US funding for international aid and development through the United Nations and its own agencies could be slashed to boost funding for its military and plans to build a wall between America and Mexico under President Trump's first budget proposals.
If approved by Congress, the proposals would see the US State Department funding cut by $10.9bn (£8.9bn) or 28 per cent and the Environmental Protection Agency funding cut by $2.6bn or 31 per cent.
White House Budget Director Mick Mulvaney said the "core functions" of those agencies would be preserved - so the cuts would target foreign aid, grants to multilateral development agencies like the World Bank and climate change programmes at the UN.
Some foreign military grants would be shifted to loans.
Cuts to other departments would also end foreign assistance programmes. Plans to cut funding to the Health Department specifically call for the end of a division that focuses on global health.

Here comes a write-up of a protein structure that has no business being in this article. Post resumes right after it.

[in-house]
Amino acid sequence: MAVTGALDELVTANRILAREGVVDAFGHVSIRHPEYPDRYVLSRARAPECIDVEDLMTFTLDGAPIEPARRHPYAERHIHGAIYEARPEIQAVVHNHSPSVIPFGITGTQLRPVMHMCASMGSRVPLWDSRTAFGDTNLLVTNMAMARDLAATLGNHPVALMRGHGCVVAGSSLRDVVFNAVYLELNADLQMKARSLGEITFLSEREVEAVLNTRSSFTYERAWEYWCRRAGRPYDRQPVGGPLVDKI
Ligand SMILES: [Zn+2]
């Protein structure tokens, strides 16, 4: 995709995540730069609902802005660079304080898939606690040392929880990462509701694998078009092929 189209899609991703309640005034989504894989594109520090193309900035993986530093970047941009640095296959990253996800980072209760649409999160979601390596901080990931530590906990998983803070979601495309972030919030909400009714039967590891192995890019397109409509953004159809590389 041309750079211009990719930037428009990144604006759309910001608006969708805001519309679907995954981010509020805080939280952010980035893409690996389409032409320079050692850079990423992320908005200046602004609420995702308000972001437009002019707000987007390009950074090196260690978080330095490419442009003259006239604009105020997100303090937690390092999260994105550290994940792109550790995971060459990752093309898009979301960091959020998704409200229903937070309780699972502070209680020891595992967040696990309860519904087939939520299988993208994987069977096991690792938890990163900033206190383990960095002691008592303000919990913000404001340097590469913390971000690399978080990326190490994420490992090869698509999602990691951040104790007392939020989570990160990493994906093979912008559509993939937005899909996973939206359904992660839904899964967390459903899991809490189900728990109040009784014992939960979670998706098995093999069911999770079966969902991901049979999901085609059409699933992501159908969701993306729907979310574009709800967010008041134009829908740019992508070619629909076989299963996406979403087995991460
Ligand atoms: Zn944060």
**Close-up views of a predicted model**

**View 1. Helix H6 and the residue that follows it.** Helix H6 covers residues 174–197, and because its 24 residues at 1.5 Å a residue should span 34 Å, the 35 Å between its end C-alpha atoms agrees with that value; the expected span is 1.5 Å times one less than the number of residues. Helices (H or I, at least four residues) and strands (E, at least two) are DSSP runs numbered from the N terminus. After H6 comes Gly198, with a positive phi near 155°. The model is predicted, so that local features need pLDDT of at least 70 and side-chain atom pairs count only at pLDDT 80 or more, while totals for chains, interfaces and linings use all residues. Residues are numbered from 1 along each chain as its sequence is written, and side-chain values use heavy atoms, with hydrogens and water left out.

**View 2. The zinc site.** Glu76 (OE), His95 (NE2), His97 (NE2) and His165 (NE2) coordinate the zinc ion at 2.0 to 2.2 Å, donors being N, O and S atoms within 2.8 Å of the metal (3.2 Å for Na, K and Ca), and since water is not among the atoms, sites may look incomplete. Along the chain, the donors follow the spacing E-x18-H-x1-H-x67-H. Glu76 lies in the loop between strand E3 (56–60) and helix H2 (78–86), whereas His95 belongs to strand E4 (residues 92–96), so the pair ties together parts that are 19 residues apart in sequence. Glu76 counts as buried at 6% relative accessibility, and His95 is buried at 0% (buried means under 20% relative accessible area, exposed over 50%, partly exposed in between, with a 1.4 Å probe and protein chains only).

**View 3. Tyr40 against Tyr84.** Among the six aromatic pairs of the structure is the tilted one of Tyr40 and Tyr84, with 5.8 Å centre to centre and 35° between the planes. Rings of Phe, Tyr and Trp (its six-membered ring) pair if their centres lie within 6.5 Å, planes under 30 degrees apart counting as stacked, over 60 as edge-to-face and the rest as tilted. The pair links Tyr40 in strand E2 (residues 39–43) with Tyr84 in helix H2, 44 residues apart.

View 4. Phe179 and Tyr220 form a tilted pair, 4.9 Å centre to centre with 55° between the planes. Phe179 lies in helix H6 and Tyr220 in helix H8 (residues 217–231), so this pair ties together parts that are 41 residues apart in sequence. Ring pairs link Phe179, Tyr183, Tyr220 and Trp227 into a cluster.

Meanwhile, a 21 per cent cut to the budget of the Agriculture Department would end a popular programme that helps US farmers donate crops for overseas food aid.
Mr Trump also wants to close a raft of independent agencies funded by tax dollars.
They including the US Institute of Peace - which works to prevent, mitigate and resolve violent conflict around the world - and the African Development Foundation (USADF), which provides seed money and other support to African-owned and led enterprises in poor and vulnerable communities in about 20 African countries.
The USADF says it has committed $53.5m into 325 grants ranging from core agriculture sustainability and market programmes to work with young entrepreneurs, vulnerable populations and promoting off-grid electricity.